Starting in 1920, John Askew, partner in the established Melbourne architectural and civil engineering firm of Twentyman and Askew, began loaning his clocks to the Industrial and Technological Museum, a forerunner of Museum Victoria.
Prompted by an increased interest in science and technology during World War I, the museum was actively renewing its exhibitions. By 1928 Askew had about 80 clocks on long-term loan to the museum, with the intention that at some stage he would donate them to the museum. Clearly this arrangement was of great advantage to the museum, as it provided a whole new area of display with minimal expense.
The loan arrangement equally gave the lender considerable influence over the museum. In 1930 Askew wrote to the trustees, noting that only half of his collection of 120 clocks was currently on display, the rest being in storage. He reported that he had been approached by an 'Interstate Museum' to borrow his supplementary collection, and that the unnamed museum was willing to provide extensive space for a new collection developed by Askew: 'I now respectfully beg to enquire whether there is any possibility of my collection being allotted a similar space in your Museum, as my feelings are that I do not want to start another collection for an Interstate Museum necessitating further duplications while there is a possibility of concentrating on one, at the same time I do not feel inclined to keep on adding to a collection which is only being exhibited in part.' The gentle threat had its desired effect, and the trustees assured Askew that space would be made available for the entire collection and for any additions.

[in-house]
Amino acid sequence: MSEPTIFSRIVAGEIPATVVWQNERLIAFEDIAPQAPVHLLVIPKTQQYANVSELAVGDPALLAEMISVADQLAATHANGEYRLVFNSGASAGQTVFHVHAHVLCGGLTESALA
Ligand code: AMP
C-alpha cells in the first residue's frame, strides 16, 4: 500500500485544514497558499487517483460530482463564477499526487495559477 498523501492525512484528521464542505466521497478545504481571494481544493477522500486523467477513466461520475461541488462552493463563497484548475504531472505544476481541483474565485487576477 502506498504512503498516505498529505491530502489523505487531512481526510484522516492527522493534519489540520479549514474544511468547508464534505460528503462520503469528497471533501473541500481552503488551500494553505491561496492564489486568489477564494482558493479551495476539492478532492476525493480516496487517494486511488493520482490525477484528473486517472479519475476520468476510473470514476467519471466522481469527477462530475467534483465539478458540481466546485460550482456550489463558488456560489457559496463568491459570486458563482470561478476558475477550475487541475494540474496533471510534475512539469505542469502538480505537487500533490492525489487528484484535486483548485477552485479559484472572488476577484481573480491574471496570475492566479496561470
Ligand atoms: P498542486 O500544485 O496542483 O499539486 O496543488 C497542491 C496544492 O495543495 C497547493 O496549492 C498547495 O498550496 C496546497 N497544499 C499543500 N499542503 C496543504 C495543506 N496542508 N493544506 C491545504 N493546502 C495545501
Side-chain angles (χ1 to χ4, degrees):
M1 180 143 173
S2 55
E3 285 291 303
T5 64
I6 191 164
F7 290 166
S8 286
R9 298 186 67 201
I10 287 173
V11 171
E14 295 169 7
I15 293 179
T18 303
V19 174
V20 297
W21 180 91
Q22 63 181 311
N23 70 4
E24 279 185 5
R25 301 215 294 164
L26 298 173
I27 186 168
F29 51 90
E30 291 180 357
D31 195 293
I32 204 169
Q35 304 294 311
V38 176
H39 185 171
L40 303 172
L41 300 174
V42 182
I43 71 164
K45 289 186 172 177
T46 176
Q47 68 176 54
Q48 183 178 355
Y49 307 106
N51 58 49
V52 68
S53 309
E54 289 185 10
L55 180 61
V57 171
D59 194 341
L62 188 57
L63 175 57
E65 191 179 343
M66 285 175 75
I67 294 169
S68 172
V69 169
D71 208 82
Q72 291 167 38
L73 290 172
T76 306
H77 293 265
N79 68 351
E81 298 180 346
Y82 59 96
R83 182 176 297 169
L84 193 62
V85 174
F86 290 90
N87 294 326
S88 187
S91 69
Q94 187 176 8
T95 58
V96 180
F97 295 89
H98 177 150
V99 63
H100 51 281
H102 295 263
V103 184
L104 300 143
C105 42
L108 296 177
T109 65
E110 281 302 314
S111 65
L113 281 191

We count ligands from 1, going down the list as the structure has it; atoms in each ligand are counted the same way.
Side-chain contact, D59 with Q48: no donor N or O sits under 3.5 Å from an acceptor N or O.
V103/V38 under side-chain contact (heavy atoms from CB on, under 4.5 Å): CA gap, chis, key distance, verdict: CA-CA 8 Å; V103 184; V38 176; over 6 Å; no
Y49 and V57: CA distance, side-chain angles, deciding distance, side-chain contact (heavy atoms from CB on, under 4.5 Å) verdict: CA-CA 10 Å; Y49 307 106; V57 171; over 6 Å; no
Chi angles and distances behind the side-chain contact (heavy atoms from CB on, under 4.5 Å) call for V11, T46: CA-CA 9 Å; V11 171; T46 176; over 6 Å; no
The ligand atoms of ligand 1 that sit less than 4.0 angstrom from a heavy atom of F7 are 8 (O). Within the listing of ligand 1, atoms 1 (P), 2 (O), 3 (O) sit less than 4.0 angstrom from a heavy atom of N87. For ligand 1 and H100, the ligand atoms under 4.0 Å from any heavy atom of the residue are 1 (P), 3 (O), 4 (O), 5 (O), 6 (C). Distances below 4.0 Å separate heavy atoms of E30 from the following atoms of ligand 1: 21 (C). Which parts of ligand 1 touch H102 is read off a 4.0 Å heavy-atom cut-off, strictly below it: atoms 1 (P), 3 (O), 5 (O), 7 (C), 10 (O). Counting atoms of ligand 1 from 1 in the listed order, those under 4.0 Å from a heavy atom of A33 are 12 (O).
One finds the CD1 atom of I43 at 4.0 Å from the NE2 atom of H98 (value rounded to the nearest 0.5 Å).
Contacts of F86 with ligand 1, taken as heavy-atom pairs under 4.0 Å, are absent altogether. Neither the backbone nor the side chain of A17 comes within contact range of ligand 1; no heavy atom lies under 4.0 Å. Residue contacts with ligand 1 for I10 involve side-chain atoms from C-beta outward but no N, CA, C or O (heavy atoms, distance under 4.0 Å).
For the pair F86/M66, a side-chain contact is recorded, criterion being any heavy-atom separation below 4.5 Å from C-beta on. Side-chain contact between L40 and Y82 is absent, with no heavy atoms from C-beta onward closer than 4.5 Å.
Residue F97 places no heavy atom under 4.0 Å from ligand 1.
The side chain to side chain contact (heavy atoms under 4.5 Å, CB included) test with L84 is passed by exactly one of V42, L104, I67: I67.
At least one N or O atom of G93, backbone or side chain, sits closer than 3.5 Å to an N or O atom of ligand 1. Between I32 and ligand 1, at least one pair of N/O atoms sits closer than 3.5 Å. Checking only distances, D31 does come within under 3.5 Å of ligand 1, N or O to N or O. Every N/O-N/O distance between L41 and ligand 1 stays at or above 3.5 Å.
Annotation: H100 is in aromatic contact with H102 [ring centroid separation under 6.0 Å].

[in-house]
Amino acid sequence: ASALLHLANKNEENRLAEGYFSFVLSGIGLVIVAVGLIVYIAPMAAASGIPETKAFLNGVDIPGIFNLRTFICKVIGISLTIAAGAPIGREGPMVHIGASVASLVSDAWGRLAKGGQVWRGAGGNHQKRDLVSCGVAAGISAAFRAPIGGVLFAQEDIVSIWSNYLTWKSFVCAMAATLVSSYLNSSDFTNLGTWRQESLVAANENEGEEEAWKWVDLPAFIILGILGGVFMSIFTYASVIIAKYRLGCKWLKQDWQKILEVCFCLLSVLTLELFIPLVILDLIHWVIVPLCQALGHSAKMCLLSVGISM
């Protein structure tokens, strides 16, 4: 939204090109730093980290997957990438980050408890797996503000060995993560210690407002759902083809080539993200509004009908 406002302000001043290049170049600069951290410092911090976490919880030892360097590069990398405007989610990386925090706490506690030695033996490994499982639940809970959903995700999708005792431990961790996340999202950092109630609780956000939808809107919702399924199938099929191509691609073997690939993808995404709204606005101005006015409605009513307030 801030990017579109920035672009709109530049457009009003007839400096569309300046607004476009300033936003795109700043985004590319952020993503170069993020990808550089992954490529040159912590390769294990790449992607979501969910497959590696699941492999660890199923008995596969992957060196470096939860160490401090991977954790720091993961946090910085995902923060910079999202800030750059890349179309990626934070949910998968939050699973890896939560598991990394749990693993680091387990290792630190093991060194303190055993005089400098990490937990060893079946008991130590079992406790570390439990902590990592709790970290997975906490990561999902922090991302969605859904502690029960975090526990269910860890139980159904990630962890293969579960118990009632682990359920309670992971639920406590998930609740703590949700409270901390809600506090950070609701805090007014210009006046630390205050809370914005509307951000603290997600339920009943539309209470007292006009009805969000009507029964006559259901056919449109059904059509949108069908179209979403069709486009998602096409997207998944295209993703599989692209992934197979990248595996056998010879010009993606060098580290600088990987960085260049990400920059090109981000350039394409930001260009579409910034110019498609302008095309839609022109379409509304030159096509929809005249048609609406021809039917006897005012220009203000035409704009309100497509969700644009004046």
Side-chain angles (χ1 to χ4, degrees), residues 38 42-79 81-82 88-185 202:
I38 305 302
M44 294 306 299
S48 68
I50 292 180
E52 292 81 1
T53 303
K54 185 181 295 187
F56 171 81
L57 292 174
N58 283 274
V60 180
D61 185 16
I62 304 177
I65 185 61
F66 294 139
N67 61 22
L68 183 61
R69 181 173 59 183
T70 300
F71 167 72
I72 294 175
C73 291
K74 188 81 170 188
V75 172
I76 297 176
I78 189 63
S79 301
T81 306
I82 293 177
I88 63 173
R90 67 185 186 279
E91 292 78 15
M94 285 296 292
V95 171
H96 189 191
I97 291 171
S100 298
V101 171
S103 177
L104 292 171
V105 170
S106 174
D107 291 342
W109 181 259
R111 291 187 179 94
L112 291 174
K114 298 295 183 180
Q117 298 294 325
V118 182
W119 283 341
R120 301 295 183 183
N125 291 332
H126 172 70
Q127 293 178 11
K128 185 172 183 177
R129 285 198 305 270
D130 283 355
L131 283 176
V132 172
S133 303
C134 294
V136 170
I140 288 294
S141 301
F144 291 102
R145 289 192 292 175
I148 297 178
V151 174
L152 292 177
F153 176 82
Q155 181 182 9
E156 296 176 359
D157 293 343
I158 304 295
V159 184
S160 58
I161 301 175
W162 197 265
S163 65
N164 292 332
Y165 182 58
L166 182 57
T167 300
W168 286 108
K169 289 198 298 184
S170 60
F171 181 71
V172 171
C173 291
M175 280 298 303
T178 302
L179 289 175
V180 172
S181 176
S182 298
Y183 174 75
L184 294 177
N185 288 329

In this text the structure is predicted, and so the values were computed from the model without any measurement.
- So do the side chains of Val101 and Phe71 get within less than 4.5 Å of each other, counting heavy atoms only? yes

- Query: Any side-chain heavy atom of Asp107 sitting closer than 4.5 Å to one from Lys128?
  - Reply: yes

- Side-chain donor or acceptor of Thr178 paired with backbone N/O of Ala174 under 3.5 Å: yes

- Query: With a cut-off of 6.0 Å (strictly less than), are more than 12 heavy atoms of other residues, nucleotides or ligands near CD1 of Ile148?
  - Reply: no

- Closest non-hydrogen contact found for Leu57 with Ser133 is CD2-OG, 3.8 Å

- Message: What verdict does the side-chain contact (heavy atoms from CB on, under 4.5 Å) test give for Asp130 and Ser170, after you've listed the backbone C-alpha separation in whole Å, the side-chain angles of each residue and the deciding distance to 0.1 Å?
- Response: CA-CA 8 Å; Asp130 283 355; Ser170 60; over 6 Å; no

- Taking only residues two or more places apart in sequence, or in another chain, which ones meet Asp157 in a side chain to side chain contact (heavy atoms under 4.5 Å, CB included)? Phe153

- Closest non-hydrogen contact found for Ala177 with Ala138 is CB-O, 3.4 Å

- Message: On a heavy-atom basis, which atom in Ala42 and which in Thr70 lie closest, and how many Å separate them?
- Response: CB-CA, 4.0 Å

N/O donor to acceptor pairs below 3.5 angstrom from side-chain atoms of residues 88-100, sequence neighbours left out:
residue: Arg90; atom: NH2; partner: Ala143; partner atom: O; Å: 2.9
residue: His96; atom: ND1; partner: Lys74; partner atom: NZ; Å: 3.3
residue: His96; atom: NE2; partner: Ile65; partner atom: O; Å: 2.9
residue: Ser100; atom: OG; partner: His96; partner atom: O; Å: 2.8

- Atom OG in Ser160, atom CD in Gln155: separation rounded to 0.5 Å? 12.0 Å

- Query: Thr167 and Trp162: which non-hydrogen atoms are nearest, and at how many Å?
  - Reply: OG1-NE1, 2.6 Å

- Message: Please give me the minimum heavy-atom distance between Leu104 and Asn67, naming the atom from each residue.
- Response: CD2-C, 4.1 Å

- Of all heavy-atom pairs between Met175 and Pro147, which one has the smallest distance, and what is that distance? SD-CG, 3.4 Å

Throughout the 1930s Askew continued to loan items, and finally donated the collection in 1941. John Askew died in 1945, and in his will left an annual bequest to the museum, which continues to fund the acquisition of clocks and watches for the collection.